Soaring US Treasury yields are beginning to focus minds on the emerging market world.
Developing nations’ local currency bonds had their worst week since September in the five days through Friday, while dollar debt declined the most since January as rising inflation expectations drove a drop in Treasuries. . The sell-off in the world’s largest bond market also sent implied volatility in currencies and equities to the biggest weekly rise this year.
All eyes will be on Federal Reserve Chairman Jerome Powell’s testimony before Congress this week. The head of the central bank is ready to It echoes observations that policy makers are fully committed to supporting the economy. Investors will also look for any signs that you are concerned Higher long-term borrowing costs after real rates on long bonds rose above zero for the first time since June.
“We will still need to see the Fed greatly expanding its QE purchases, as the market simply cannot absorb the net issuance of US Treasuries later this year without much higher real returns, which would eventually be toxic to asset markets “, John Hardy. head of currency strategy at Saxo Bank in Hellerup, Denmark, wrote in a report. “Rising yields need not even necessarily trigger a noticeable collapse in risk sentiment, as long as the market is confident that real interest rates will continue to fall.”
Listen to EM: Powell’s weekly podcast to speak amid rising returns in the US.
A Bloomberg study in January found that all developing world currencies typically sell out when yields rise at a rate above about 25 basis points per month. The 10-year Treasury yield has risen 31 basis points this month since Monday’s first trading in London.
Oil will also keep traders on their toes, with Saudi Arabia and Russia deferring once again in their production strategy ahead of an OPEC + meeting. The Mexican peso, the Colombian peso and the Russian ruble were among the worst performers in emerging markets, as Brent crude fell on Friday.
“Our optimistic outlook for emerging market currencies is not without risk of setbacks along the way,” said Ehsan Khoman, director of research for emerging markets in Europe, Middle East and Africa at MUFG Bank in Dubai. “We believe that a relative cyclical outperformance and attractive returns in offer continue to favor stronger emerging currencies as Covid-19 ebbs “
South Korea and Hungary
- The Bank of Korea is expected to stand firm by unanimous consensus on Thursday
- The most interesting aspect of the meeting could be any signal about the purchase of public debt. Legislators are plans to draw up another supplemental budget in the coming weeks, with the possibility of additional debt issuance likely to put upward pressure on yields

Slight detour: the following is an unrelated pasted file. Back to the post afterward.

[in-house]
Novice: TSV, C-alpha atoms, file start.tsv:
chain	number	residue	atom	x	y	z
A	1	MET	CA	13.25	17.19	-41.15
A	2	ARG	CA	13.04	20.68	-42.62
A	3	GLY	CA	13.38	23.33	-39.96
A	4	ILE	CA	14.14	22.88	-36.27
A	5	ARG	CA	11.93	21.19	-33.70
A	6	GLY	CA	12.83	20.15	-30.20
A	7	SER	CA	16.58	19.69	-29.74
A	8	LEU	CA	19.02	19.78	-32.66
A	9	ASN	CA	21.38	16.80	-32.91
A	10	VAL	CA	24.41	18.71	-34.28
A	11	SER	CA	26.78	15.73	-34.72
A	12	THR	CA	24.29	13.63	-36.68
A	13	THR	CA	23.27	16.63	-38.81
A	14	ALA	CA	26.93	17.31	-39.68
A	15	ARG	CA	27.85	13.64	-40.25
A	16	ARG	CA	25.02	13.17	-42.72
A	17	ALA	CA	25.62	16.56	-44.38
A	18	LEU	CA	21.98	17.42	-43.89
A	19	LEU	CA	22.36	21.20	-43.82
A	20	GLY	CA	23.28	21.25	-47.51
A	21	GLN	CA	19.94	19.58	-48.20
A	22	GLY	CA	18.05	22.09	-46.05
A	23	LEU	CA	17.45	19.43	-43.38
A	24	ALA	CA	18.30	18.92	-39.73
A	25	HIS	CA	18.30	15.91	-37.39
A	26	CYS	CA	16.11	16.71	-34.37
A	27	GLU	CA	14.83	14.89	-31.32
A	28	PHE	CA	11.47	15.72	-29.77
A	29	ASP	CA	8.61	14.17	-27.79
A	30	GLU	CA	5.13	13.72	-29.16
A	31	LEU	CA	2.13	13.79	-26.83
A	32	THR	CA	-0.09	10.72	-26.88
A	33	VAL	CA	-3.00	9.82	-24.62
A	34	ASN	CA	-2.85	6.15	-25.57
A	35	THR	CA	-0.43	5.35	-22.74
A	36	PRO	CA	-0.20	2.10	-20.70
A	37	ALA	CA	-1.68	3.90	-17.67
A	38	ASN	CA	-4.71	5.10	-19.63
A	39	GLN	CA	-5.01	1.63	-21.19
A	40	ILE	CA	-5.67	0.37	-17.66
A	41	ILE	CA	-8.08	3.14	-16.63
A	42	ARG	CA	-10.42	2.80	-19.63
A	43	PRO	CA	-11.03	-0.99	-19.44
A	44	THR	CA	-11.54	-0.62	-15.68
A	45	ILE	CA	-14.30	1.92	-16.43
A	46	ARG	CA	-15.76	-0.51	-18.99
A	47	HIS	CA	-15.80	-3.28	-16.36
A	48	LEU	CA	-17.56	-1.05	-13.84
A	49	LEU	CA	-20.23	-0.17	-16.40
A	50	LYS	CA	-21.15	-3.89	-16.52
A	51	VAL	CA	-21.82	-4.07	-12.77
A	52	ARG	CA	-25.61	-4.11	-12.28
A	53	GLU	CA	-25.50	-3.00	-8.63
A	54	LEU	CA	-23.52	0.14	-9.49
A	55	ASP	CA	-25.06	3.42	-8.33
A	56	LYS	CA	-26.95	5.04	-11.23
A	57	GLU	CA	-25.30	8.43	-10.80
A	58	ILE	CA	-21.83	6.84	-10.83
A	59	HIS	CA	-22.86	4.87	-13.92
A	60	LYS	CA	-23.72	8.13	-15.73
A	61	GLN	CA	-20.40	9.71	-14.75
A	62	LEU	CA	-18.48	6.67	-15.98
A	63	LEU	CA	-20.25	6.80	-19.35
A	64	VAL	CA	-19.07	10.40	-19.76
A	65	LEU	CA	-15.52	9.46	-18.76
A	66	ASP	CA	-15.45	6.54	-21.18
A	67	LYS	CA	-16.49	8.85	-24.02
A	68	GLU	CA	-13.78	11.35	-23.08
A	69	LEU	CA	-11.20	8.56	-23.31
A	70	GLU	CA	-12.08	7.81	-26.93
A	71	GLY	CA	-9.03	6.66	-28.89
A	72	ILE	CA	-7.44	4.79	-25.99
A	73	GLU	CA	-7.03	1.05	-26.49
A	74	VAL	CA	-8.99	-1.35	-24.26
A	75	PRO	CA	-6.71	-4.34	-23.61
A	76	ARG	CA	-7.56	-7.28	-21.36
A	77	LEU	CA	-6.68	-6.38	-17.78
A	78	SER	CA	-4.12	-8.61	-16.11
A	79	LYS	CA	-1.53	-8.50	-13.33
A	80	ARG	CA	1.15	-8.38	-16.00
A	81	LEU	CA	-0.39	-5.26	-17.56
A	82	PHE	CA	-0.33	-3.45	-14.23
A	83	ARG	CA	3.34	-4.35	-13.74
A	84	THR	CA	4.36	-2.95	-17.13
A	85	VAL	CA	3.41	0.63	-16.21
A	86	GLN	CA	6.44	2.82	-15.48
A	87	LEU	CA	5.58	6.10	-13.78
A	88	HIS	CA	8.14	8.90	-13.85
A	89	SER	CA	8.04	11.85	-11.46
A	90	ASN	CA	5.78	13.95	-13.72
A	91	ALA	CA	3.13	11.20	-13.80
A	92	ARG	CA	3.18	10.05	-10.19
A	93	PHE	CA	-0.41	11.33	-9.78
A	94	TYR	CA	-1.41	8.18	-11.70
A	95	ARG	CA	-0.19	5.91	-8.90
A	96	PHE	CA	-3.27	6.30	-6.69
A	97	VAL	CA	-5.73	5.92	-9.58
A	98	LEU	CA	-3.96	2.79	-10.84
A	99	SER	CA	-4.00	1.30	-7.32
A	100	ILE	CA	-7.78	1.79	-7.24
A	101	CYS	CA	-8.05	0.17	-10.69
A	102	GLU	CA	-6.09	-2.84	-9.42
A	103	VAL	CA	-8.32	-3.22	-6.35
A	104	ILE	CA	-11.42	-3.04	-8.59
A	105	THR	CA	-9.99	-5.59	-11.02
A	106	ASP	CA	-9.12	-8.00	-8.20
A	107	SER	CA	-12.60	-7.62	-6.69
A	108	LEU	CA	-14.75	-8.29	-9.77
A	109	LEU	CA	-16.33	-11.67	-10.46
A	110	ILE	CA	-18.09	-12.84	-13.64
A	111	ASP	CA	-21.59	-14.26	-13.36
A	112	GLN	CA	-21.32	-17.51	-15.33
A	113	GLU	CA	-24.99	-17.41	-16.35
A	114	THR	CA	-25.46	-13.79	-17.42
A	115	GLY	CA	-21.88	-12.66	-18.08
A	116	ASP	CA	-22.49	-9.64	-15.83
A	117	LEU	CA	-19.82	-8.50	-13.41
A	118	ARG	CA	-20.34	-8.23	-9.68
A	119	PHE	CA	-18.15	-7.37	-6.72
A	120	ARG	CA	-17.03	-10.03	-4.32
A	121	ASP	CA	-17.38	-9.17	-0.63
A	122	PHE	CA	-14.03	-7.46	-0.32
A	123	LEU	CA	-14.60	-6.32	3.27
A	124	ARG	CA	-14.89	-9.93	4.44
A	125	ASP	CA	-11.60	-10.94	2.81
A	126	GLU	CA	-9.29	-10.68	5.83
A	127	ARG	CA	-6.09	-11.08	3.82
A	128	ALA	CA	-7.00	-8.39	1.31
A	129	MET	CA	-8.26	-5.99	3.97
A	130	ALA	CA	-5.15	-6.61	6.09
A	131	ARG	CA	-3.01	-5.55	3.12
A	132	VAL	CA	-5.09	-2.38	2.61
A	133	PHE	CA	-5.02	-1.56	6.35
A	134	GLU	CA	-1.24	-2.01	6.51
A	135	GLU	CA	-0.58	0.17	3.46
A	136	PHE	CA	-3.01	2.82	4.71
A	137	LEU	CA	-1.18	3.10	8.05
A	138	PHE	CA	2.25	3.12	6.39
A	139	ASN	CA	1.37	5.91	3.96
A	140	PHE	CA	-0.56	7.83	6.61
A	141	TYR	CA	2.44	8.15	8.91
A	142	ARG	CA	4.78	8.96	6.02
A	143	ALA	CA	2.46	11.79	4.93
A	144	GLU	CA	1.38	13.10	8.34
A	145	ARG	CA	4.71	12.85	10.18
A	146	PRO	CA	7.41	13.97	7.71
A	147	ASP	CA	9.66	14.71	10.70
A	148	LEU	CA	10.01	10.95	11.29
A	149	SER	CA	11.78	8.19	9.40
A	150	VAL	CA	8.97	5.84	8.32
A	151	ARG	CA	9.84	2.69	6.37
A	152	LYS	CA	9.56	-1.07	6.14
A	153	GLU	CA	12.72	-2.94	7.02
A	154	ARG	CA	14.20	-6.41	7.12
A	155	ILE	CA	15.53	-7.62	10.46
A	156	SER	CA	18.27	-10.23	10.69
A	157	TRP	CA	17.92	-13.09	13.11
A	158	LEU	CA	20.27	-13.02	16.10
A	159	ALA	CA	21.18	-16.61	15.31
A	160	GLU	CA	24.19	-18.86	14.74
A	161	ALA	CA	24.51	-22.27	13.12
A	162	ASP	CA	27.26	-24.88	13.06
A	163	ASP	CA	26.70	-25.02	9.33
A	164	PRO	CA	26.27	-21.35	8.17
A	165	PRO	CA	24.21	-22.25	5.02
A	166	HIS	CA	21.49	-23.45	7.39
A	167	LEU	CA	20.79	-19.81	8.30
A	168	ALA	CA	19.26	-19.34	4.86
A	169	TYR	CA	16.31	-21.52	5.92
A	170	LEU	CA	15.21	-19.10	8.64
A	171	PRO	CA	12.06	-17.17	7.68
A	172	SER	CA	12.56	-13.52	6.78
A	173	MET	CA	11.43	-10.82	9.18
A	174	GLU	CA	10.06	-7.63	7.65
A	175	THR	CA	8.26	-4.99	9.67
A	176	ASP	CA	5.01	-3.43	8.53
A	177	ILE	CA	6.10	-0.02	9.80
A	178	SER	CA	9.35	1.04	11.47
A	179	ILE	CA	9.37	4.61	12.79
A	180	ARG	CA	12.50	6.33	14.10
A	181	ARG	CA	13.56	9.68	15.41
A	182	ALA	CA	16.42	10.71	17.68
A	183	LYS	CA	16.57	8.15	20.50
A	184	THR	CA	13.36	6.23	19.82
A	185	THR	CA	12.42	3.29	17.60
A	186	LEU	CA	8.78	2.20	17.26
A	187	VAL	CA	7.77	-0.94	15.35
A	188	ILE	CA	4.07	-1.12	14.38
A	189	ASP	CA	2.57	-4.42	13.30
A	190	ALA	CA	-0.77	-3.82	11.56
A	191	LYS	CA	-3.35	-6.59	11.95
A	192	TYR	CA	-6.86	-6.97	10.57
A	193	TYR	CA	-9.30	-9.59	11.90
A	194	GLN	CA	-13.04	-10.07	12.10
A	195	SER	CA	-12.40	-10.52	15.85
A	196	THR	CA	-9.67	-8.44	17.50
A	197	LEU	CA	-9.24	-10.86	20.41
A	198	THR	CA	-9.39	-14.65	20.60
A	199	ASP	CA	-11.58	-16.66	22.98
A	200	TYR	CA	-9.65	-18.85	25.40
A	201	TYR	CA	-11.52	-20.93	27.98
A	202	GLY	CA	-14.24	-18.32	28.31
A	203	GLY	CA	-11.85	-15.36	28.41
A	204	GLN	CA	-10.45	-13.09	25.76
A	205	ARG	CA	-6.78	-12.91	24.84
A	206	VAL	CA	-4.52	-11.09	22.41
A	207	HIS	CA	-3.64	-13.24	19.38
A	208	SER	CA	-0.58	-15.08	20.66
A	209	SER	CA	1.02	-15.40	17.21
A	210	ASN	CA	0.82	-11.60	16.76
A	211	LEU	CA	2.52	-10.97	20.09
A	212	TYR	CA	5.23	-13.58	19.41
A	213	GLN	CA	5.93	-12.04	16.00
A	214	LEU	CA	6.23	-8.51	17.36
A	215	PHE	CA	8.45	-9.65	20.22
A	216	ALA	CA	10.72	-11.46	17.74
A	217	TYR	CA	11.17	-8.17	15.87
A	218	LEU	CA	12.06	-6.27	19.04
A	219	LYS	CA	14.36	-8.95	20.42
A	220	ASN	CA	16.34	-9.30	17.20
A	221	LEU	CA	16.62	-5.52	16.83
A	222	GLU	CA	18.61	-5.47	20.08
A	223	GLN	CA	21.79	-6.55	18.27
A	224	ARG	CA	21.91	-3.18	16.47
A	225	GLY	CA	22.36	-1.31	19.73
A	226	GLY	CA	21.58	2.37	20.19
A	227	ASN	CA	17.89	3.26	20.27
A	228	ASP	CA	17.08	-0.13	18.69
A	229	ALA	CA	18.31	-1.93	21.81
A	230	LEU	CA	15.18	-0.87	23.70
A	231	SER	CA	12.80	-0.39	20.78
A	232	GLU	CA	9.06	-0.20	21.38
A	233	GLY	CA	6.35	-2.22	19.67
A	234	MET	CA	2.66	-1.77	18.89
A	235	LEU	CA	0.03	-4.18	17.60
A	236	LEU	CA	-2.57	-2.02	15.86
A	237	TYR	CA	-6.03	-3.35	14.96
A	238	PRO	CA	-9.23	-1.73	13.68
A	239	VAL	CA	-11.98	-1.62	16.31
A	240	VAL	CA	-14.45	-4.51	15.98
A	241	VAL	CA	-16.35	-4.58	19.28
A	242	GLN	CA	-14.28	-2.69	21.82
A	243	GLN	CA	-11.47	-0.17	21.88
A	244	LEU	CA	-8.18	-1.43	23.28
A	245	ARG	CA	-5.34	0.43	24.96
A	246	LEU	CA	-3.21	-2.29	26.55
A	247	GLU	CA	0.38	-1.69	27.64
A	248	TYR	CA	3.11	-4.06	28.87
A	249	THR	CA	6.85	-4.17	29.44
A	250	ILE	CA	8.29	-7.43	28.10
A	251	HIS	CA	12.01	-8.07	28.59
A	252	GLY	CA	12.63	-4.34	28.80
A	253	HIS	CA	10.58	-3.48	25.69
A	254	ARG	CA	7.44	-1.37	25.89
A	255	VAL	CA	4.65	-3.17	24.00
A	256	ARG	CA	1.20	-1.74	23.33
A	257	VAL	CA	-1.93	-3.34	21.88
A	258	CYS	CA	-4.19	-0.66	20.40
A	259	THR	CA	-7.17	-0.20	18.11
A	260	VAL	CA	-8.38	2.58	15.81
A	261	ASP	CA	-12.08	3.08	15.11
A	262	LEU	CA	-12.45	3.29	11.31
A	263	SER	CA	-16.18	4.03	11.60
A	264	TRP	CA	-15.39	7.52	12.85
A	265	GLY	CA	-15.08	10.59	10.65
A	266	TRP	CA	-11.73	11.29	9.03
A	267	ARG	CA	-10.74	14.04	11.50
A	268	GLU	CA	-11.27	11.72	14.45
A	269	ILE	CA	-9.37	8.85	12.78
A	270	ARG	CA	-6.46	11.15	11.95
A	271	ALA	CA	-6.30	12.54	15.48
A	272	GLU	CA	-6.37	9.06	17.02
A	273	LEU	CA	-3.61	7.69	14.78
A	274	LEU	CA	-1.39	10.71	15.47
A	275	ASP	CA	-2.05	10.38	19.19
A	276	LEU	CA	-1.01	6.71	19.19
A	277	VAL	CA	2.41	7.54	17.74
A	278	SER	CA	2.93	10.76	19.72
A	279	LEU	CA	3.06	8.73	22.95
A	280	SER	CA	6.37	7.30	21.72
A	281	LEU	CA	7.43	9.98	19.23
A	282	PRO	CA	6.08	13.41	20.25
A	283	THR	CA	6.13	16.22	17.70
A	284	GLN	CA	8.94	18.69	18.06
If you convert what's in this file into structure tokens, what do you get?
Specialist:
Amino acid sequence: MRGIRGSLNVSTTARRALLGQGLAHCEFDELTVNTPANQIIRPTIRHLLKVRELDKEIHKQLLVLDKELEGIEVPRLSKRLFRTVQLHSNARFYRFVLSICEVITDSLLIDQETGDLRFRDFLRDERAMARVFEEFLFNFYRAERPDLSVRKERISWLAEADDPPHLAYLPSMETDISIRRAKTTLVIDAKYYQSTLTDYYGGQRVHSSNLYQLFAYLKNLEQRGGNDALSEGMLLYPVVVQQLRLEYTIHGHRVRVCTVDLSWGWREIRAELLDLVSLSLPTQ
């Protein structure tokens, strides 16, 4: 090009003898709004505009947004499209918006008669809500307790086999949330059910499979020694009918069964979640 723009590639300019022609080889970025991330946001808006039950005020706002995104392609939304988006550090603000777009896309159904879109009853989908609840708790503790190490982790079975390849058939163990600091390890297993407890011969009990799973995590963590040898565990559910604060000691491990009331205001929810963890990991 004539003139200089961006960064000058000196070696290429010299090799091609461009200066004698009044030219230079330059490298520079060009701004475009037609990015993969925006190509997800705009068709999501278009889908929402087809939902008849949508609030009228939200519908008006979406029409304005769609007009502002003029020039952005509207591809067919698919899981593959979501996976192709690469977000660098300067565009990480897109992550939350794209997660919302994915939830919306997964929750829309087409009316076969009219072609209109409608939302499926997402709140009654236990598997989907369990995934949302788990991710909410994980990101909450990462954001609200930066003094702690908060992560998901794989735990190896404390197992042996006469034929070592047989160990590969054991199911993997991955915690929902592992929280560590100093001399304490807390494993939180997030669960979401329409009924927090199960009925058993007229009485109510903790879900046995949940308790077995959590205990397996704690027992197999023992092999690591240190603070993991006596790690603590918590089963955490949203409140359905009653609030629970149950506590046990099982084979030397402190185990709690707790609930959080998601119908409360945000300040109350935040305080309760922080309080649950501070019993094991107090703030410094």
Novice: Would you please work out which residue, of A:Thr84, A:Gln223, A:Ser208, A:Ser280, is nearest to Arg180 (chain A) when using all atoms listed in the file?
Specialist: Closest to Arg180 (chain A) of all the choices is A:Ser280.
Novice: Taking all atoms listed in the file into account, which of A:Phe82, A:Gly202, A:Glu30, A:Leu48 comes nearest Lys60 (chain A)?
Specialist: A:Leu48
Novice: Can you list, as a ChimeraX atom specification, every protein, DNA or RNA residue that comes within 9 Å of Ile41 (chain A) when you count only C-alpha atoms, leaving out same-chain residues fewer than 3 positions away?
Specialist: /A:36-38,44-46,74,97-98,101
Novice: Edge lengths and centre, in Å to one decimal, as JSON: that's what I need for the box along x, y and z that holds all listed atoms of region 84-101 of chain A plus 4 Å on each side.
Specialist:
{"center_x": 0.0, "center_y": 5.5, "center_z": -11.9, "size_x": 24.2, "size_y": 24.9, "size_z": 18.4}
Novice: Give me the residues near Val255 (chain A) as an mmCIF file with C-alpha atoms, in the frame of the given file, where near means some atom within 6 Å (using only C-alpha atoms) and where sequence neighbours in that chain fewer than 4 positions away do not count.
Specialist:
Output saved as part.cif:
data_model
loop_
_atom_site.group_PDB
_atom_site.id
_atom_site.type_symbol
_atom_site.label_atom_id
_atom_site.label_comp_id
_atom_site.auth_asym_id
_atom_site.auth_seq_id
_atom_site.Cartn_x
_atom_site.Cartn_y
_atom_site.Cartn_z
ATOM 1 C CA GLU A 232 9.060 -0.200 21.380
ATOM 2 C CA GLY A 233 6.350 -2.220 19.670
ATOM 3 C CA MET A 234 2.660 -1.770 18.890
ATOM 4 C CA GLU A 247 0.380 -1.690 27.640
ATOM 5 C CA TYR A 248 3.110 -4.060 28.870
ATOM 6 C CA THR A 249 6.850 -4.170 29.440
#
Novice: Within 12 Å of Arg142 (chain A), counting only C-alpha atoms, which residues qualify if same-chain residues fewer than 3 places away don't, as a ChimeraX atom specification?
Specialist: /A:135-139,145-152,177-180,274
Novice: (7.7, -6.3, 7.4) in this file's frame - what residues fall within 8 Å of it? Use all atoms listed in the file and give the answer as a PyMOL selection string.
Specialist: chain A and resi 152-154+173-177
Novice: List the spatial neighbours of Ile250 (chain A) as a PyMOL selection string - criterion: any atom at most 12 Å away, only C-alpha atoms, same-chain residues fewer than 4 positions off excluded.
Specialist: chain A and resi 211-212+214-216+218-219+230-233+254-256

- The BOK would prefer to use ad-hoc debt purchases to counter any bond market volatility rather than switch to a full quantitative easing program, according to Bloomberg economy
- Yields on Korean 10-year bonds rose nine basis points last week, reflecting movements in US yields.
- Hungary will likely maintain its base rate at 0.6% on Tuesday, with the forint among the worst performers in emerging markets this month.
- Hungary’s central bank had earned a reputation for being one of the most moderate in Europe before the coronavirus pandemic. Now, he is among the most aggressive and seeks caution to avoid volatility in financial markets and inflation.
In Brazil, swap rate traders will see a mid-February reading of consumer price inflation on Wednesday, which is likely to accelerate annually, underscoring bets on a rate hike in March.
- Investors will also oversee the congressional debate on the 2021 budget and the prospects for another round of cash brochures
- January current account data on Wednesday and unemployment figures and the primary budget balance on Friday could offer further signs of the impact of the pandemic
- President Jair Bolsonaro said More changes are underway after appointing a former general to replace the University of Chicago-educated economist who runs Petroleo Brasileiro SA
Mid-month inflation data for Mexico, scheduled for Wednesday, will be analyzed after January consumer prices. exceeded expectations
- Policymakers will release the minutes of their February meeting on Thursday, which investors will monitor for clues on the central bank’s next steps after a unanimous decision to reduce rates by 25 basis points
- Malaysia’s January CPI on Wednesday expected to remain negative
- January’s trade balance is likely to remain in strong surplus in data to be released on Friday
- Ringgit was immobile last week, struck between opposing forces of a strong dollar and oil prices as a net exporter of energy
South African budget
- South African Finance Minister Tito Mboweni to present 2021-2022 budget on Wednesday
- Mboweni must convince investors that he has a credible plan to support an economy that contracted the most in nine decades last year, while slowing the growth of public debt.
- The market also wants clarity on plans for indebted state-owned companies such as Eskom Holdings SOC Ltd. Nedbank Group Ltd. is leading discussions to restructure South African power utility’s debt burden, according to people familiar with the talks
- The rand had its worst weekly performance since early January in the five days through Friday.
Data and events
– With the assistance of Tomoko Yamazaki and Aline Oyamada